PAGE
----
type is devised from the TEST_DEV device, but you may want to
override it; if unset, the default is 'xfs'
- setenv FSSTRESS_AVOID and/or FSX_AVOID, which contain options
added to the end of fsstresss and fsx invocations, respectively,
in case you wish to exclude certain operational modes from these
- set TEST_XFS_REPAIR_REBUILD=1 to have _check_xfs_filesystem
run xfs_repair -n to check the filesystem; xfs_repair to rebuild
metadata indexes; and xfs_repair -n (a third time) to check the
results of the rebuilding.
- set TEST_XFS_SCRUB=1 to have _check_xfs_filesystem run
xfs_scrub -vd to scrub the filesystem metadata online before
unmounting to run the offline check.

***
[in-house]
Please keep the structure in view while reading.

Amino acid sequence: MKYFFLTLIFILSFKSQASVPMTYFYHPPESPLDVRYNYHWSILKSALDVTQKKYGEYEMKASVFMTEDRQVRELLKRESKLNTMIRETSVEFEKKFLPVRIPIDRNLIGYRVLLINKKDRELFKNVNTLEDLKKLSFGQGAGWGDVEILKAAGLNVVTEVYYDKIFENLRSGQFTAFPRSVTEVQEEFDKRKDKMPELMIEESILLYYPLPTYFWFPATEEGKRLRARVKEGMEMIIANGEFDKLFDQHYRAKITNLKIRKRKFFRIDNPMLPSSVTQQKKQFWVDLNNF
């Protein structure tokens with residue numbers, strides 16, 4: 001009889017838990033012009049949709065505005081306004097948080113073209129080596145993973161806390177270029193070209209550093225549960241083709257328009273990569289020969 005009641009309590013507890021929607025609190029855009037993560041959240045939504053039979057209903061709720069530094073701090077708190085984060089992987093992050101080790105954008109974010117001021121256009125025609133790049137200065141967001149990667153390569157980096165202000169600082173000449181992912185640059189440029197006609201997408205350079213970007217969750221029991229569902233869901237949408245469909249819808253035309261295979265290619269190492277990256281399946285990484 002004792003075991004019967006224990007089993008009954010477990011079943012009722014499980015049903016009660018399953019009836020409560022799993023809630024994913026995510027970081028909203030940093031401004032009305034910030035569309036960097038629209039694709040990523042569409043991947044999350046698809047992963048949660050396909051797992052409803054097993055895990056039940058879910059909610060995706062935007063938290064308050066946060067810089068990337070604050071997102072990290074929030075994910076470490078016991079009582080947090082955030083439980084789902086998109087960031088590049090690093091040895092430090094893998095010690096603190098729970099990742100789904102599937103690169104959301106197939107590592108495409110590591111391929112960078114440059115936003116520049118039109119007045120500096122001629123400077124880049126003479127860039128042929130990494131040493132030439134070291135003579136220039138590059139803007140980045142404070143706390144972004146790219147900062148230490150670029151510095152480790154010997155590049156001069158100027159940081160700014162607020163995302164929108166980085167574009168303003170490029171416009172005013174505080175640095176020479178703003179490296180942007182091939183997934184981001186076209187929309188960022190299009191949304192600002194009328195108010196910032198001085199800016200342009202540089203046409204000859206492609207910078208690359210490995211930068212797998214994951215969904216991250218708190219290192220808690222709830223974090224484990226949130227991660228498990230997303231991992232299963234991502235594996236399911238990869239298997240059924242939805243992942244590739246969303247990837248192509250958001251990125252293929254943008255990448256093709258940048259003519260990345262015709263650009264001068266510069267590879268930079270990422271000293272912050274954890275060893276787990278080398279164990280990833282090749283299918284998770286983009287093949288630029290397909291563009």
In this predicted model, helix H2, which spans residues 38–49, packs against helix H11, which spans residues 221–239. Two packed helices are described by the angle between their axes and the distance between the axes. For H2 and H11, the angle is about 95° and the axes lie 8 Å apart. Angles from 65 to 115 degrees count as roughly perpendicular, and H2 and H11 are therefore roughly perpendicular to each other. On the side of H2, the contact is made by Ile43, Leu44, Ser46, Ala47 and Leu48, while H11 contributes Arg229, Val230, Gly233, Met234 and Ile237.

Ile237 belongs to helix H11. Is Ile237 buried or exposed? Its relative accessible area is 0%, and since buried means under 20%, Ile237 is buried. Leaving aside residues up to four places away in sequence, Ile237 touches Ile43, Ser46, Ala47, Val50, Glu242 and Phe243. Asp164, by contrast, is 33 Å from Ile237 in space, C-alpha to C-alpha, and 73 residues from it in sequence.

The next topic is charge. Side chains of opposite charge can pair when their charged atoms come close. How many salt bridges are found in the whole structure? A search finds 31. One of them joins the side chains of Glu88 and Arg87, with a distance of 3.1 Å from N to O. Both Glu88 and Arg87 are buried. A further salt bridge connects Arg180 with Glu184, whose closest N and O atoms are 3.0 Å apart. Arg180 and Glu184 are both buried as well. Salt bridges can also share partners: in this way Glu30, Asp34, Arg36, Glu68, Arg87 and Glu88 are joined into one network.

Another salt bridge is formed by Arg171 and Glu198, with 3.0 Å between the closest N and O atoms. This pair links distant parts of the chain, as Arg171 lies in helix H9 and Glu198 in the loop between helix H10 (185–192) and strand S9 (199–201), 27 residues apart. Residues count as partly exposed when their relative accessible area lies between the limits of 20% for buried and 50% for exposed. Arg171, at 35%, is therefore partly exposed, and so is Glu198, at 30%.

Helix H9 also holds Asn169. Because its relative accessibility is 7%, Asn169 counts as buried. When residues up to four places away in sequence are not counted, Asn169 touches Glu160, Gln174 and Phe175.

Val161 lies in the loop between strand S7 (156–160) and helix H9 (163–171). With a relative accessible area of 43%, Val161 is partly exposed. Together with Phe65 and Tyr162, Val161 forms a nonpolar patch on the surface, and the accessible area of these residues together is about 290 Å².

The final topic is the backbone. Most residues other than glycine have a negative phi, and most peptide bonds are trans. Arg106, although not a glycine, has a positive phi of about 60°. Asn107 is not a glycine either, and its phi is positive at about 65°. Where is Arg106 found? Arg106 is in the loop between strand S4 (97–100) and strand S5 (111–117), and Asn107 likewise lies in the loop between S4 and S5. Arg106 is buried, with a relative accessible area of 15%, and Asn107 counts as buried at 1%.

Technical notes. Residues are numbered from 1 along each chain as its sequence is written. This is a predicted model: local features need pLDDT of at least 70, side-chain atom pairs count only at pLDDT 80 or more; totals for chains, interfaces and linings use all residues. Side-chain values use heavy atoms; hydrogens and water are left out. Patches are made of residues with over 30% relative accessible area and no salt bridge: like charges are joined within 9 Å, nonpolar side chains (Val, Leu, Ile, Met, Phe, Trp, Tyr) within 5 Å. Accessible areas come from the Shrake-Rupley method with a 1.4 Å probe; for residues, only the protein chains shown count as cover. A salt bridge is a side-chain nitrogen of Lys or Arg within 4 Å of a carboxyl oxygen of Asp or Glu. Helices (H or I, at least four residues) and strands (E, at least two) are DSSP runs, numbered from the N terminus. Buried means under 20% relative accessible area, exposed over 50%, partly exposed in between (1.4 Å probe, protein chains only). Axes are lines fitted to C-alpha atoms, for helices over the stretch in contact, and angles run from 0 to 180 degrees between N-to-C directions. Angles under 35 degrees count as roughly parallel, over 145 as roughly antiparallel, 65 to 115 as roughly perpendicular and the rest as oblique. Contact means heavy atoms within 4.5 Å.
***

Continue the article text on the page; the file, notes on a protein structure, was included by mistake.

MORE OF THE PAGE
- or add a case to the switch in common/config assigning
these variables based on the hostname of your test
- or add these variables to a file called local.config and keep that
file in your workarea.
- if testing xfsdump, make sure the tape devices have a
tape which can be overwritten.
- make sure $TEST_DEV is a mounted XFS partition
- make sure that $SCRATCH_DEV or $SCRATCH_DEV_POOL contains nothing useful
Running tests:
- cd xfstests
- By default the tests suite will run xfs tests:
- ./check '*/001' '*/002' '*/003'
- ./check '*/06?'
- Groups of tests maybe ran by: ./check -g [group(s)]
See the 'group' file for details on groups
- To randomize test order: ./check -r [test(s)]
- You can explicitly specify NFS/CIFS/UDF/OVERLAY, otherwise
the filesystem type will be autodetected from $TEST_DEV:
- for running nfs tests: ./check -nfs [test(s)]
- for running cifs/smb3 tests: ./check -cifs [test(s)]
- for udf tests: ./check -udf [test(s)]
Running all the udf tests: ./check -udf -g udf